Influences of sea-bottom topography on the hydroelastic behavior of a Very Large Floating Structures(VLFS) are investigated experimentally and numerically. To calculate the sea-bottom effects more rigorously, finite-element method based on the variational method is used in fluid domain. Floating structure is modeled as a thin plate with uniform stiffness. The hydroelastic responses of pontoon-type VLFS are analyzed by the mode superposition method. To enhance the satisfaction of shear and moment free condition a set of orthogonal function is adopted as the mode function instead of free-free beam mode function.


At the design stage of VLFS, there have been many researches(Watanabe et al.,2004, Kashiwagi,1998,1999) on developing the analysis of hydroelastic responses of the VLFS. For the most parts of the previous studies however, the effects of sea-bottom topography on the hydroelastic response of VLFS have been ignored for a computational simplicity. The assumption of flat sea-bottom has a good reason when the mean water depth is very deep to the incident wave length or the VLFS is very small compared to the sea-bottom variation. When the VLFS is designed to construct near the shore the sea-bottom effects on the hydroelastic response of VLFS should be carefully considered because it is very difficult to find a site of vast flat seabottom near the shore.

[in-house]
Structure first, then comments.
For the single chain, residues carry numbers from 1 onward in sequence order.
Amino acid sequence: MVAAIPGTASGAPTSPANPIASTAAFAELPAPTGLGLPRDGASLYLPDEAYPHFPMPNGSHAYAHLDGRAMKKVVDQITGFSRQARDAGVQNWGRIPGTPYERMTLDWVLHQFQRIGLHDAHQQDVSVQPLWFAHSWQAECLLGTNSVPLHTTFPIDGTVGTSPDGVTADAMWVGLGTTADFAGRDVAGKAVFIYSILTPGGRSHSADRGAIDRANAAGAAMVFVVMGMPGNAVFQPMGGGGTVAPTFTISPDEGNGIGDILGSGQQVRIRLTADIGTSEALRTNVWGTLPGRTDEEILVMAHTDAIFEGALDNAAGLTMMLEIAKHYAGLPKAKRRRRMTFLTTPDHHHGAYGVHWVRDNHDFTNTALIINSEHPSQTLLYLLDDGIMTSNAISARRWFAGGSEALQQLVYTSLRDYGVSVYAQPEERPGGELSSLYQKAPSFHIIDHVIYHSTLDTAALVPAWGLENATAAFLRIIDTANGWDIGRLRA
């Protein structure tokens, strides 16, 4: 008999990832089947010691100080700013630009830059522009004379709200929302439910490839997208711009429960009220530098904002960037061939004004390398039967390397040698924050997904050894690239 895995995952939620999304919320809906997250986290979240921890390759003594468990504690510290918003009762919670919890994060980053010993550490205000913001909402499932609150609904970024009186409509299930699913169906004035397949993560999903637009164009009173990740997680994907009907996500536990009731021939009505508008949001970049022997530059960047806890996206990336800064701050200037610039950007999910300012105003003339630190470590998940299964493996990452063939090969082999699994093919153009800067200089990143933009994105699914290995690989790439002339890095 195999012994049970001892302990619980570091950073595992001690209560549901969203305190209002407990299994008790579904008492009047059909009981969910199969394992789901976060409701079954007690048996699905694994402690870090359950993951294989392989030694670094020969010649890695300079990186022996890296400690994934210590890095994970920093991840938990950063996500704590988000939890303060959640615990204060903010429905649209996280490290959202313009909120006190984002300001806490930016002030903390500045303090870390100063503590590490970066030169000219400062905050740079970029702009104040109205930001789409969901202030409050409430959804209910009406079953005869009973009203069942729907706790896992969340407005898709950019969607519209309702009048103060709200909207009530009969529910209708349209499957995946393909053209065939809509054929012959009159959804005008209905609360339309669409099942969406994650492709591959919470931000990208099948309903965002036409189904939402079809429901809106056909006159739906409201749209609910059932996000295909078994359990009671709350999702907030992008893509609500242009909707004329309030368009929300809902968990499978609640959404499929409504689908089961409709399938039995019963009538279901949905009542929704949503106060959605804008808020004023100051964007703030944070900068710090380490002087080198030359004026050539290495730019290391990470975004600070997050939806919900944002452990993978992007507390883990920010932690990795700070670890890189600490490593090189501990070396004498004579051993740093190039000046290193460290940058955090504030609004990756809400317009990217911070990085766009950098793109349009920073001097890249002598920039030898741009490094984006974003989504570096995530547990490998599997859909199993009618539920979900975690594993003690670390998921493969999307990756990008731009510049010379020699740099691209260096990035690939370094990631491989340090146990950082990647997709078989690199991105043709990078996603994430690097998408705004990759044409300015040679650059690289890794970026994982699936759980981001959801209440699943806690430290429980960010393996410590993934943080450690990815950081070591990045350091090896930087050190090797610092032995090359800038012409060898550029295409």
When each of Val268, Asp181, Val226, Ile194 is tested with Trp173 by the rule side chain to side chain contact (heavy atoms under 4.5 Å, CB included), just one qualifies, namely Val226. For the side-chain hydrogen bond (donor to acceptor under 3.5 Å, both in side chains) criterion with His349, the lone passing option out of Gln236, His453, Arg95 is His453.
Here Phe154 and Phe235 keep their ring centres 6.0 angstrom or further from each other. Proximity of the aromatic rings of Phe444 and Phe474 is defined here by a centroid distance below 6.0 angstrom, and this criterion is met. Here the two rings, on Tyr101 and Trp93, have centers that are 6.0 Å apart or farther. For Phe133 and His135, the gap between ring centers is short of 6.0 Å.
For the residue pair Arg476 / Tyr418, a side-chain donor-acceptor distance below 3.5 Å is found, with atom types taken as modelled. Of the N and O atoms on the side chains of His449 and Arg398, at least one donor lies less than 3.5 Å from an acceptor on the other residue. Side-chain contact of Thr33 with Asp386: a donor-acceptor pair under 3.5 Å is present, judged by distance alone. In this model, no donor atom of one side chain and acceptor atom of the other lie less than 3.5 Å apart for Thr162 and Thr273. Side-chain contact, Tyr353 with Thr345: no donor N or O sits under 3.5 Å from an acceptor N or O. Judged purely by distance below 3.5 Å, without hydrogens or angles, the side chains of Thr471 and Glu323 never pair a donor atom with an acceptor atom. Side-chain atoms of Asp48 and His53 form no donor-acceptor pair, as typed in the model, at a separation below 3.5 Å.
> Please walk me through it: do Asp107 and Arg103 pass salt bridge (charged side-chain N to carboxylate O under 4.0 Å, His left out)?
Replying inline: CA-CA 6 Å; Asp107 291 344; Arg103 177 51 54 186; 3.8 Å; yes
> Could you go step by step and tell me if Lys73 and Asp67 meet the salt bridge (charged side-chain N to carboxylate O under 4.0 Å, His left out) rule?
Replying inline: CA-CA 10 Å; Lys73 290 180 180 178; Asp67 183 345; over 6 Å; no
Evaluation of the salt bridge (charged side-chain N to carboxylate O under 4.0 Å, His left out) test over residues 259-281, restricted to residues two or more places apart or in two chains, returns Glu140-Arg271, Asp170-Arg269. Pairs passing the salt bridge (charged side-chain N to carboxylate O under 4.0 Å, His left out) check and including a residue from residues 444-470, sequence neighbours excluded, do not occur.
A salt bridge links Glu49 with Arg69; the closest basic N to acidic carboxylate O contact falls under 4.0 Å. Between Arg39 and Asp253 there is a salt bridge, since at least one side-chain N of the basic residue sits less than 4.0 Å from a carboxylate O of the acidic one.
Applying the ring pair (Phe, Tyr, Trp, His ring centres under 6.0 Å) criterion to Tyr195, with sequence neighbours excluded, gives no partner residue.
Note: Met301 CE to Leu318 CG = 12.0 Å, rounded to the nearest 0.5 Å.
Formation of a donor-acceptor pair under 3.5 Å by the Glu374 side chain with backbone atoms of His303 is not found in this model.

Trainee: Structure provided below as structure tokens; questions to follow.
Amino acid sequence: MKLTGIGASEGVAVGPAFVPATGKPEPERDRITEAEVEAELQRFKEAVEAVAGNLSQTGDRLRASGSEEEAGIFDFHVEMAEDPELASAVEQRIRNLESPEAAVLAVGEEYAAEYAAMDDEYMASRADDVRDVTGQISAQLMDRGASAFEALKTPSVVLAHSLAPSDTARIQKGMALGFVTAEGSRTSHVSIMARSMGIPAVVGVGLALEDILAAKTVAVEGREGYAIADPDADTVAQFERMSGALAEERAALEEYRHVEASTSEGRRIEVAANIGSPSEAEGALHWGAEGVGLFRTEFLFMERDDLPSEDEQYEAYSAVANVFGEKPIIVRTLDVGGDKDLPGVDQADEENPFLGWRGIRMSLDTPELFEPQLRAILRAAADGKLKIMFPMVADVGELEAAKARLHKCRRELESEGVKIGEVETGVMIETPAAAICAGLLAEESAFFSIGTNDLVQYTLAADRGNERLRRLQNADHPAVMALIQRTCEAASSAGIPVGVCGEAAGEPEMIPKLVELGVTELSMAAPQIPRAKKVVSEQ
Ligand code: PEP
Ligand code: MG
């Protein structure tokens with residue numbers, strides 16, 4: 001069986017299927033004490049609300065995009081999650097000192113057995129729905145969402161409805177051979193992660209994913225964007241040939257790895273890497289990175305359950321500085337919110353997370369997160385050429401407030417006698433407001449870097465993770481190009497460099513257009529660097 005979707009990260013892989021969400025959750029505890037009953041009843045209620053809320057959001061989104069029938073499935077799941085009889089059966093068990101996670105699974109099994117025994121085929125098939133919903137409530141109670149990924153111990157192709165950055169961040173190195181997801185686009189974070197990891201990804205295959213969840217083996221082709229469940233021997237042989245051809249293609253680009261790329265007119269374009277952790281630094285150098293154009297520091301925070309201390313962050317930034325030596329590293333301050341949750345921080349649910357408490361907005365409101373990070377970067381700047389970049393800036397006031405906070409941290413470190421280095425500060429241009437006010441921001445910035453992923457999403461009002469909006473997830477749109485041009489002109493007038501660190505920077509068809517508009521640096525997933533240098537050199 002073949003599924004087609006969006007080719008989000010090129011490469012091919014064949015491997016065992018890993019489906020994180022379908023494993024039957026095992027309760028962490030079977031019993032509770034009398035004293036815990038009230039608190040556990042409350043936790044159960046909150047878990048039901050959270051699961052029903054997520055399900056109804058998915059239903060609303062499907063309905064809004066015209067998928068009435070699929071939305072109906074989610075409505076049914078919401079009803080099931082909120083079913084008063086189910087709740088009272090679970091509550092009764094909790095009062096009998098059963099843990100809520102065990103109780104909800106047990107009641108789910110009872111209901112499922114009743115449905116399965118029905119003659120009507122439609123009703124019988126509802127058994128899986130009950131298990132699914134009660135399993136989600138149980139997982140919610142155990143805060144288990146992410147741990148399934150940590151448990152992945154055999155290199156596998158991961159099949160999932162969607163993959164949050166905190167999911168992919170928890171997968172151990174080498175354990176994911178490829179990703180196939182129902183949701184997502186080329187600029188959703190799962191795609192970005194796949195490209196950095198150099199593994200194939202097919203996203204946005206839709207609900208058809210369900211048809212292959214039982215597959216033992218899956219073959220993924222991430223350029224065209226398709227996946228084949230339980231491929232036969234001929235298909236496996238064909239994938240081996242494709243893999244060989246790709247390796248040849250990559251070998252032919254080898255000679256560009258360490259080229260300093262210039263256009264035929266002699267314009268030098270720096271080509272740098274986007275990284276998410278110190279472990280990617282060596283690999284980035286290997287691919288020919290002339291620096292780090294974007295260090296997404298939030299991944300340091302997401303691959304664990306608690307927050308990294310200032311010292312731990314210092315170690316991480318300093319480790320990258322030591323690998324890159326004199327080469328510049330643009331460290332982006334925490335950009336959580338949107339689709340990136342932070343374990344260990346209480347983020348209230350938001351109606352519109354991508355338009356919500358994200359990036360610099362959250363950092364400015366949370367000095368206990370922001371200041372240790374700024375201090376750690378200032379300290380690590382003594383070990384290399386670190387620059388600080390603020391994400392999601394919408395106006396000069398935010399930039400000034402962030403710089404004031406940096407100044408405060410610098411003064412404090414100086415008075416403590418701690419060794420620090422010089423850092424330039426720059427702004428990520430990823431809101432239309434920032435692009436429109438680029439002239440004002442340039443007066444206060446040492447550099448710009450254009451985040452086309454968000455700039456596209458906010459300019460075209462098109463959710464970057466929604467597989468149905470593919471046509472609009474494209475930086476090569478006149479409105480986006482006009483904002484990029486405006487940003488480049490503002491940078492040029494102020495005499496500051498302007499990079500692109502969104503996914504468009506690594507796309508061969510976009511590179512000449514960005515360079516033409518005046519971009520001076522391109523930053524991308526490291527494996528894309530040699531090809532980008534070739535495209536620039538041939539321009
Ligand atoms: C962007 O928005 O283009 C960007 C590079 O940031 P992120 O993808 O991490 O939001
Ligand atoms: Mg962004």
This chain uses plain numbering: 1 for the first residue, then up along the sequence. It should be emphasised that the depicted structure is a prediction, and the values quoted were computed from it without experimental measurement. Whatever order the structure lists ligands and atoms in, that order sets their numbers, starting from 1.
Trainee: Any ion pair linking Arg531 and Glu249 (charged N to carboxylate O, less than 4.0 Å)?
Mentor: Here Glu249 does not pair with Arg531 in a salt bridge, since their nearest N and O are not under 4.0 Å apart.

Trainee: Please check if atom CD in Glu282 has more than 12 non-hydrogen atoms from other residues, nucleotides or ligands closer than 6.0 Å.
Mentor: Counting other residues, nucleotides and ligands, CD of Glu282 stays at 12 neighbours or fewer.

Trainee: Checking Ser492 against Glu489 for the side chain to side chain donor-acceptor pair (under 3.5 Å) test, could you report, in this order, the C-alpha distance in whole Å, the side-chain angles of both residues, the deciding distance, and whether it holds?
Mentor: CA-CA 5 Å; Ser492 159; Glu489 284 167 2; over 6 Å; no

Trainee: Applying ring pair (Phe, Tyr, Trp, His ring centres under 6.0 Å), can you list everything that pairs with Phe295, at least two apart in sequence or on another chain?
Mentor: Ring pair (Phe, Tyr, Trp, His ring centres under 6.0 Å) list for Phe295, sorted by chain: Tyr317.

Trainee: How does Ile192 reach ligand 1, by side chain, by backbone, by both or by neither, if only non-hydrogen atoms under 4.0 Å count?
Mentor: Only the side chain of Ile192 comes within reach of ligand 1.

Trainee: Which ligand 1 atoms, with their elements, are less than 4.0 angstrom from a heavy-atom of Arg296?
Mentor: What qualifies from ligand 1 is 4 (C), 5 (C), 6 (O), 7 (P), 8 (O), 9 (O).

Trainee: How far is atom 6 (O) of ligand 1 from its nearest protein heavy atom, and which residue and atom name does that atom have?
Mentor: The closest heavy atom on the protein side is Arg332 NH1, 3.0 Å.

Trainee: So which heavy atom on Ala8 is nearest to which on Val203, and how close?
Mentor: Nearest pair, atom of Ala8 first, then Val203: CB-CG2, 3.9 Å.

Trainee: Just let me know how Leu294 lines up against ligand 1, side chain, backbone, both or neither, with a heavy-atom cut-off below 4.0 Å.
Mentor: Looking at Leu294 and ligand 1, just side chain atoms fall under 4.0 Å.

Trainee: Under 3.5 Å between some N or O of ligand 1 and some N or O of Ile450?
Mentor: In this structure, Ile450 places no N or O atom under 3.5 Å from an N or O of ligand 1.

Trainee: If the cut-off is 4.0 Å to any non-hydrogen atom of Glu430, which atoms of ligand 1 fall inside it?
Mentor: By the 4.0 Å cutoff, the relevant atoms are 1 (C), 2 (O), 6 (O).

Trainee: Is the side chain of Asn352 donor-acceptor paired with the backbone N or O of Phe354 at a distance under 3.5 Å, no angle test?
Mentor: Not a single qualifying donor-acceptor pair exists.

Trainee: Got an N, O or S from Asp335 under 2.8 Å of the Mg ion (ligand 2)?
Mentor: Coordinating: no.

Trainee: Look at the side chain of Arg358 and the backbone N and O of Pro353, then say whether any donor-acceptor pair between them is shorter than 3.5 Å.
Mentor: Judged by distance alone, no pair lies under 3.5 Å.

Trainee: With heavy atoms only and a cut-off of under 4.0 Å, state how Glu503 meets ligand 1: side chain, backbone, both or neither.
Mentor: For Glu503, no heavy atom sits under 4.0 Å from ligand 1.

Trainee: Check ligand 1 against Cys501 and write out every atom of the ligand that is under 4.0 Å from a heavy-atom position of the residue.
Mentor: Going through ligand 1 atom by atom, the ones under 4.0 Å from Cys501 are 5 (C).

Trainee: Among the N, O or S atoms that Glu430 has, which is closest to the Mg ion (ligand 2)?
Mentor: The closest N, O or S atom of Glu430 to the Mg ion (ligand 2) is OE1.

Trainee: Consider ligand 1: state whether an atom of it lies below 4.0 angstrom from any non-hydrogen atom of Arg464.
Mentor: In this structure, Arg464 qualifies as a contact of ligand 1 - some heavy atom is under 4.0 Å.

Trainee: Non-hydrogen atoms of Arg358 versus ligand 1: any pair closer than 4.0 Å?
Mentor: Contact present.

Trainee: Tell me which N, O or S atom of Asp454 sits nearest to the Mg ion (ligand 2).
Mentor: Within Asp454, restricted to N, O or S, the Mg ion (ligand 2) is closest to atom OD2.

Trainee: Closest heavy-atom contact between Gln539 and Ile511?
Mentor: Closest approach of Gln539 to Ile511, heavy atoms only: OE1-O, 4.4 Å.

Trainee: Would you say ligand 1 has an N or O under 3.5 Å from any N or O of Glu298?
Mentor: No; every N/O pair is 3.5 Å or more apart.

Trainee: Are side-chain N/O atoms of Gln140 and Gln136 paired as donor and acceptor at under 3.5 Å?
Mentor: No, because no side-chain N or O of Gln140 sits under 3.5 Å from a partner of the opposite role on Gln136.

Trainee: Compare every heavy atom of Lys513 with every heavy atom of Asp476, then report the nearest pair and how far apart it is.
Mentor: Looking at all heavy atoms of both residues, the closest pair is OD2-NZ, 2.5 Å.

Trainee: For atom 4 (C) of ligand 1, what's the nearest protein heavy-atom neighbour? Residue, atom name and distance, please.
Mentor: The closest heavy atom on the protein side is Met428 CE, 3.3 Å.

One of the conventional numerical methods for VLFS has been the boundary element method(BEM) based on the free-surface Green function. For example, Hong et al.(2002) have introduced a Higher-Order Boundary Element Method(HOBEM) for investigating the effects of floating breakwater on the hydroelastic responses of mat-type VLFS with non-zero draft. But in case of considering the sea-bottom variation, the BEM requires the discretization of whole closed boundaries, which increase the storage requirement for computation and calculation time is proportional to the squared number of unknowns.

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